The stuff theyre made of

First mass-produced in steel, knitting needles have been made in ivory, tortoiseshell, silver, whale bone, and more. Today you can find them made in ebony and rosewood, sherbet-colored pearly plastic, Teflon-coated aluminum, and 14-carat gold-plated (we kid you not). And that's only the beginning. Whatever your needles are made of, the material will contribute more or less to your knitting comfort, speed, and the quality of your stitches. Here are some recommendations:

i If you're new to knitting, working on double-pointed needles, or executing color patterns, wood (bamboo, walnut, and so on) and plastic are good choices. Wood and some plastics have a very slight grip, giving you more control over your work and discouraging dropped stitches.

i If you're knitting in stockinette or a straightforward stitch pattern, a slippery needle makes sense. The fastest ones are nickle-plated brass and call themselves Turbo. Use these and watch your stitches fly by before your eyes. (Also watch for more easily dropped stitches.)

i If you aren't sure what needle sizes you'll need in the future, try a circular knitting needle set with interchangeable tips. Even though the needle is designed for circular knitting, you can also use it to knit back and forth. Some sets feature plastic needle tips, some metal. These sets allow you to combine different-sized needle tips with different connector cords to make a very large range of needle sizes on the fly.

An interchangeable circular needle is especially handy when you're unsure which needle size to use for a given yarn. If the current size isn't giving you the right gauge, simply switch the tip up or down one size instead of starting over on another needle.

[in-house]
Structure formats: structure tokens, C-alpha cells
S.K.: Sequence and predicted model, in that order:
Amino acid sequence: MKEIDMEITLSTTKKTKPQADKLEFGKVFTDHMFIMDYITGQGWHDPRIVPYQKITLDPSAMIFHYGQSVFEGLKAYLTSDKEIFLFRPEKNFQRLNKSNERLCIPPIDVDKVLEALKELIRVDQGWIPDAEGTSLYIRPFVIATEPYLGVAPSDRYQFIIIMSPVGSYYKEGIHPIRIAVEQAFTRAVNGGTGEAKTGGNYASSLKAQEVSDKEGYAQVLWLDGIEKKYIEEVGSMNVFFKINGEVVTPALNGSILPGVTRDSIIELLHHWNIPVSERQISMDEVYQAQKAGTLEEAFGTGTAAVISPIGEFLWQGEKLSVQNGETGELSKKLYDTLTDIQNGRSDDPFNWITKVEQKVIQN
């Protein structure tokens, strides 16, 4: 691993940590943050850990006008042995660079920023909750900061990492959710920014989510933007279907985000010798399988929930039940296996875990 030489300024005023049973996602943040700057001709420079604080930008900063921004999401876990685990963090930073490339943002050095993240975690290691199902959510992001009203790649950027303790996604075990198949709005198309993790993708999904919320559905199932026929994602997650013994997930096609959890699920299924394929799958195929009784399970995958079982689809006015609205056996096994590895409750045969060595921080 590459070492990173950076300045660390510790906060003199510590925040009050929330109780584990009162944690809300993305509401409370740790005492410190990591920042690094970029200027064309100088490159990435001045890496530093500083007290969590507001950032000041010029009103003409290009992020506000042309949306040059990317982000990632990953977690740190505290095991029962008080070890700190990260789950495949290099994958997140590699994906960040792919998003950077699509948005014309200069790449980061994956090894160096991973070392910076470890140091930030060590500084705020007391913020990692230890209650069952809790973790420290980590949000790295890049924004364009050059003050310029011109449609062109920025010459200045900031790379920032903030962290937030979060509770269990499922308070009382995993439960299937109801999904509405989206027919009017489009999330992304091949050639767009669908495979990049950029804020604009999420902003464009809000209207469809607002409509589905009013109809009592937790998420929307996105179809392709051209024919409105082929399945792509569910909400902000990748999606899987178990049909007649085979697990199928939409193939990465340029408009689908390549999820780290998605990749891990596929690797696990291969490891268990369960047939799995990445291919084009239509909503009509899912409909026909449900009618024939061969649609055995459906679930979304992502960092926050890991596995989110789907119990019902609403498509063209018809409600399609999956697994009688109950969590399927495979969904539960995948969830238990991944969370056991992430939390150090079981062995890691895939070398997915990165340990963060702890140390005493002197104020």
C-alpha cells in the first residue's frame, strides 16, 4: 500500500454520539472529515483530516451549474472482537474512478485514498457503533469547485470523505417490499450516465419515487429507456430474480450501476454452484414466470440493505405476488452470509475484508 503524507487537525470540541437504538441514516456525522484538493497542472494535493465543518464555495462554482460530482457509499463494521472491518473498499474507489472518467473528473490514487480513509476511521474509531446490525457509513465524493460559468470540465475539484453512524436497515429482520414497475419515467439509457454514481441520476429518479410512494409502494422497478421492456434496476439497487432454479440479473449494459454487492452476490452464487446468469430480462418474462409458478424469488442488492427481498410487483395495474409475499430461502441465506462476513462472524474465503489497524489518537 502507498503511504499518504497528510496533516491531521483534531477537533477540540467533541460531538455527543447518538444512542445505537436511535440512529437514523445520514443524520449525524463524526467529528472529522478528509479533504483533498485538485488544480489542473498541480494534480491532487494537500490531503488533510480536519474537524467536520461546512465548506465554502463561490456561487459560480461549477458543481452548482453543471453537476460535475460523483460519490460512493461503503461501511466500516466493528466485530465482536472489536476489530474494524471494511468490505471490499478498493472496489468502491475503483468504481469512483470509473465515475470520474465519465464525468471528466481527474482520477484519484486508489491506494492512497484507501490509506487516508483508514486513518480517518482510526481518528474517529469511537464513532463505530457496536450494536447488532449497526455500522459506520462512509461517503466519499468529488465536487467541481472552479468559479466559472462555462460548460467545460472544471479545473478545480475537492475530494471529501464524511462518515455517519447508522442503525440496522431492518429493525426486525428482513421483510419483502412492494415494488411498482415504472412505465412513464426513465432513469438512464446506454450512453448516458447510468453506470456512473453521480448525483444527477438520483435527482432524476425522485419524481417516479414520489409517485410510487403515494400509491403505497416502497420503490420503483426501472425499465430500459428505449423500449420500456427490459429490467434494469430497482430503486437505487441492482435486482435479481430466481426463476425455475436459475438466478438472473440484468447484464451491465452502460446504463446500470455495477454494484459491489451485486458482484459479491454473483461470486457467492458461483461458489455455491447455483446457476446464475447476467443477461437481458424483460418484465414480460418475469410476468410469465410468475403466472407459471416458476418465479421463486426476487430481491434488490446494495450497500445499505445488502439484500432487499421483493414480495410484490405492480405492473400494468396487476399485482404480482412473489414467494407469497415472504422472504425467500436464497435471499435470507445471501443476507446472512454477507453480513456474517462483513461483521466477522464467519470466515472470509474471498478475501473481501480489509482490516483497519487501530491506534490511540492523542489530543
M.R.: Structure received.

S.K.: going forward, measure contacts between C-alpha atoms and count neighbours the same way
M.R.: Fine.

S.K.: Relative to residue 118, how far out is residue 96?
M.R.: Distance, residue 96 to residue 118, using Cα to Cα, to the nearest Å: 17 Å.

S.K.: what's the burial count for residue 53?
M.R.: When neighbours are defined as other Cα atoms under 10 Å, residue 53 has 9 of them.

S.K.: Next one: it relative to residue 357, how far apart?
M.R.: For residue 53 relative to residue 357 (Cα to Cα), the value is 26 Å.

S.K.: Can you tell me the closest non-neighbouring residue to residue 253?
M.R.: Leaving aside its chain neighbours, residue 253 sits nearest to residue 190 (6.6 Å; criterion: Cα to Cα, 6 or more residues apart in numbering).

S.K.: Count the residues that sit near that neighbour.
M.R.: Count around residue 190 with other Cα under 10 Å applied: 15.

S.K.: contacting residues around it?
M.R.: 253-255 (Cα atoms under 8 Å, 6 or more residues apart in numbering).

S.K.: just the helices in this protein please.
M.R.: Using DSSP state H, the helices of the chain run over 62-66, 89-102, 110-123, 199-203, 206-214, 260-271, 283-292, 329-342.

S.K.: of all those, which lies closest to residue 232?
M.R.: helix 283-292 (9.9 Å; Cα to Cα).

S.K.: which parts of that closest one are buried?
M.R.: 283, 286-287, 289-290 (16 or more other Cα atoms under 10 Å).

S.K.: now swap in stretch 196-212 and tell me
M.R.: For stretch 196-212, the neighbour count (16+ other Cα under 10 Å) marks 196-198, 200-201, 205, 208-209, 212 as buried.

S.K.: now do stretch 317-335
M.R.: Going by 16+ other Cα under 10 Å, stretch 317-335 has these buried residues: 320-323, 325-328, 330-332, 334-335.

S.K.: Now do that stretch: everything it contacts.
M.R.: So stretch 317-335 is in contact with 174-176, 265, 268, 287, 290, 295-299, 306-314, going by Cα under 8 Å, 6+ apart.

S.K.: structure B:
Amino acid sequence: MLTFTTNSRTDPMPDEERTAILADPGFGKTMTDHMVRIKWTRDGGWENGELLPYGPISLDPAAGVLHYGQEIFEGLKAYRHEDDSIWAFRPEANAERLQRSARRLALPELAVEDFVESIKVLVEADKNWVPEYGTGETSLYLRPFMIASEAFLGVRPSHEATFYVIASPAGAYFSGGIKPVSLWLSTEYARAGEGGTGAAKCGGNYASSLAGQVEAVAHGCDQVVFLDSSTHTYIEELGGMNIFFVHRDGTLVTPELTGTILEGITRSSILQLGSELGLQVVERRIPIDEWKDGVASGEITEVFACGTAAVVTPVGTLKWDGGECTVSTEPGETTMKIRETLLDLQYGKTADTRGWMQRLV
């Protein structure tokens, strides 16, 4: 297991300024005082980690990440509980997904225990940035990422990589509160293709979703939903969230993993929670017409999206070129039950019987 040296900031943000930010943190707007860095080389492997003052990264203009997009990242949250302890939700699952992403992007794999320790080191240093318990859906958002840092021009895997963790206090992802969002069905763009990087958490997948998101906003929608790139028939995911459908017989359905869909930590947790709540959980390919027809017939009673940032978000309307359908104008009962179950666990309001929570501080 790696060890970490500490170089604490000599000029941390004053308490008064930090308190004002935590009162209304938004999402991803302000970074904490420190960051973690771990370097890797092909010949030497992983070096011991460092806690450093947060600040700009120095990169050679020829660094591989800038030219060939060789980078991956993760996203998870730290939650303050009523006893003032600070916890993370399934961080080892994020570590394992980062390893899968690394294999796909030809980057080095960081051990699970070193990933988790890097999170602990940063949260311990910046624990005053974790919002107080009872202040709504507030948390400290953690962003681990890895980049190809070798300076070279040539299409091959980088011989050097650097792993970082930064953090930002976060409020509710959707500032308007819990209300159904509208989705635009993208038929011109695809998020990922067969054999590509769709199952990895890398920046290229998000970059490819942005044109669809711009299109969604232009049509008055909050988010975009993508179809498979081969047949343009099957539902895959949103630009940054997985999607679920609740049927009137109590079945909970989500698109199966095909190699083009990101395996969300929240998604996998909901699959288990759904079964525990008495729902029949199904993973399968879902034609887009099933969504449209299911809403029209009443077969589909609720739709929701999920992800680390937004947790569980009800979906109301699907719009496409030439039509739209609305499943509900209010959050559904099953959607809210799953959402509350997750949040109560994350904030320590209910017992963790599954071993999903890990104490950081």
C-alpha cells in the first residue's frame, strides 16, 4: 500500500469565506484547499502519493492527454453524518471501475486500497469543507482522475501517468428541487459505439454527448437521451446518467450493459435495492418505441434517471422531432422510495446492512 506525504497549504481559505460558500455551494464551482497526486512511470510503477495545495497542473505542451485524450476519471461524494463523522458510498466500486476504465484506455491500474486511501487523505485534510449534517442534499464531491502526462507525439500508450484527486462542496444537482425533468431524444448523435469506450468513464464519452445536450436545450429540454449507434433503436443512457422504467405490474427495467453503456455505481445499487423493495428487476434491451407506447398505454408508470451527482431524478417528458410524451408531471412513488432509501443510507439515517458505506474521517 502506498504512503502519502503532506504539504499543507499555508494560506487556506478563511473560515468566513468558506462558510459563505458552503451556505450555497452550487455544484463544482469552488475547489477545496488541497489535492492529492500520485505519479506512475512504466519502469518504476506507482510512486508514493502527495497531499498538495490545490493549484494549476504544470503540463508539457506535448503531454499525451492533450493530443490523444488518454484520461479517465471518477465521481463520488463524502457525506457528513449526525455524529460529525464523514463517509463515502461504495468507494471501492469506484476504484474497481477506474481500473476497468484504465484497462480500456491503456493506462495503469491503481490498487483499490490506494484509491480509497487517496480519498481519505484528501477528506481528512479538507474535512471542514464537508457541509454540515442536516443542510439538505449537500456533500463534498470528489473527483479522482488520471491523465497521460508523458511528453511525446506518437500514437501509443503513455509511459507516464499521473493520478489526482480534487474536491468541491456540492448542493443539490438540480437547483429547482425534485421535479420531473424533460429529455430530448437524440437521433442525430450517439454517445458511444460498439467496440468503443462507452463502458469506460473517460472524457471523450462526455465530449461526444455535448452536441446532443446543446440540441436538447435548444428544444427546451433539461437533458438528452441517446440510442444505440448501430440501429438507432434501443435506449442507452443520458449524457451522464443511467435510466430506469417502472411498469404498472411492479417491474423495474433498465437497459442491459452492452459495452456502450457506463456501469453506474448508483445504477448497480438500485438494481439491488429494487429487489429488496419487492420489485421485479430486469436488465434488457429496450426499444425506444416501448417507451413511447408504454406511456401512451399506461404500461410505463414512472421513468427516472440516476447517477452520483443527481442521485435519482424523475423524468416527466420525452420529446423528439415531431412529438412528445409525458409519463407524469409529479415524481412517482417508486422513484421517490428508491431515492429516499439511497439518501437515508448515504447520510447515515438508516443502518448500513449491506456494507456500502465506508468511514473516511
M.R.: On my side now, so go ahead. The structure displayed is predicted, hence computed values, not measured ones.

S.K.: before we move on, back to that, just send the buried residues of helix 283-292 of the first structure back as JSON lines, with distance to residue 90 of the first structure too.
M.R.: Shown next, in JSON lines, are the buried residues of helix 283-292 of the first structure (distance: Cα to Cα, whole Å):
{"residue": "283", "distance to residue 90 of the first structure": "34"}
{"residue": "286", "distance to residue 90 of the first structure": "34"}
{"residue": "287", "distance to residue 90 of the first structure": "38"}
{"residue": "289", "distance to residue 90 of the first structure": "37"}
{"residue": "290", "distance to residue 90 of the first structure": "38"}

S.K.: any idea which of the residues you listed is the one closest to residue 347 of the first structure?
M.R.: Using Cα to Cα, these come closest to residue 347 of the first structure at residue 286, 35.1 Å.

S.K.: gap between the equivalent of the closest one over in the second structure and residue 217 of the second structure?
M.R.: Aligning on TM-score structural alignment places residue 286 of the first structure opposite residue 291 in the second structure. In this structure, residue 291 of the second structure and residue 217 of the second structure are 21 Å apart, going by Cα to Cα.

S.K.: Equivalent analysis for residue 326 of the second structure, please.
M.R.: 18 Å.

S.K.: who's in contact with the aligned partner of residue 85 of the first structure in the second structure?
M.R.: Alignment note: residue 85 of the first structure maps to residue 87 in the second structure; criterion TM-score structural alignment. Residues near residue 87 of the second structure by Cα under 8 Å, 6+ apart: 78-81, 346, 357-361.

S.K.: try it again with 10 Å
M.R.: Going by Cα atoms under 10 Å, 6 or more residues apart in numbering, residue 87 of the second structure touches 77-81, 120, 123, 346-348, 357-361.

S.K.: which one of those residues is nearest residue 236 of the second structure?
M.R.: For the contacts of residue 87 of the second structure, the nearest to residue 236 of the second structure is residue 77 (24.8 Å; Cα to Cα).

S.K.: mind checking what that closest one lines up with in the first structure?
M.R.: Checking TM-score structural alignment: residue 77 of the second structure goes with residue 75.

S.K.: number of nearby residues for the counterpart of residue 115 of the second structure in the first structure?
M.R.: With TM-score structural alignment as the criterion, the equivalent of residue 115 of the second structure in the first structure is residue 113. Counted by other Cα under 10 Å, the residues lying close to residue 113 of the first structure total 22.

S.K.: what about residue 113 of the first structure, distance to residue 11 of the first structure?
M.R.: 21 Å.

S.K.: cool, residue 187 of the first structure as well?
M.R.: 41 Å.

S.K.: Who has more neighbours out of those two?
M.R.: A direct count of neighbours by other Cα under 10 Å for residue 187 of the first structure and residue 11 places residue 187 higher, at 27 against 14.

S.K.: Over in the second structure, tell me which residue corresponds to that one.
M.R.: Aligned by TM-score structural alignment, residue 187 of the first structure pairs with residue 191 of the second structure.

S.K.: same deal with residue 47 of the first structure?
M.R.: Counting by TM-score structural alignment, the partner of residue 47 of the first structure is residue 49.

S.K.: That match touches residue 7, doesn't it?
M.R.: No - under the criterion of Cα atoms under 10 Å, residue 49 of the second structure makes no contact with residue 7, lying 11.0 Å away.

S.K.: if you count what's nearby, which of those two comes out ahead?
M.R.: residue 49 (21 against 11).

Although all needles look pretty much alike, there is a difference in the feel of various kinds of needles and in their interaction with your knitting style and the yarn you're using. If you find that some feature of their construction or material is annoying you or interfering with the flow of your project, try a different kind of needle. Switching may make the difference between a knitting experience on cruise control or one that stops and starts and sputters along.

Needle tips can be long and tapered or rounder and blunter (see Figure 2-9). If you're working a project with a lot of stitch manipulation (as in lace or cables), or if you're a snug knitter (that is, your stitches are tight rather than loose), you'll have an easier time if you use a needle with a long tapered tip. If you're knitting with a loosely spun yarn and/or you're a relaxed knitter with looser stitches, you may prefer a blunter point.

Figure 2-9:

Two kinds of needle tips.

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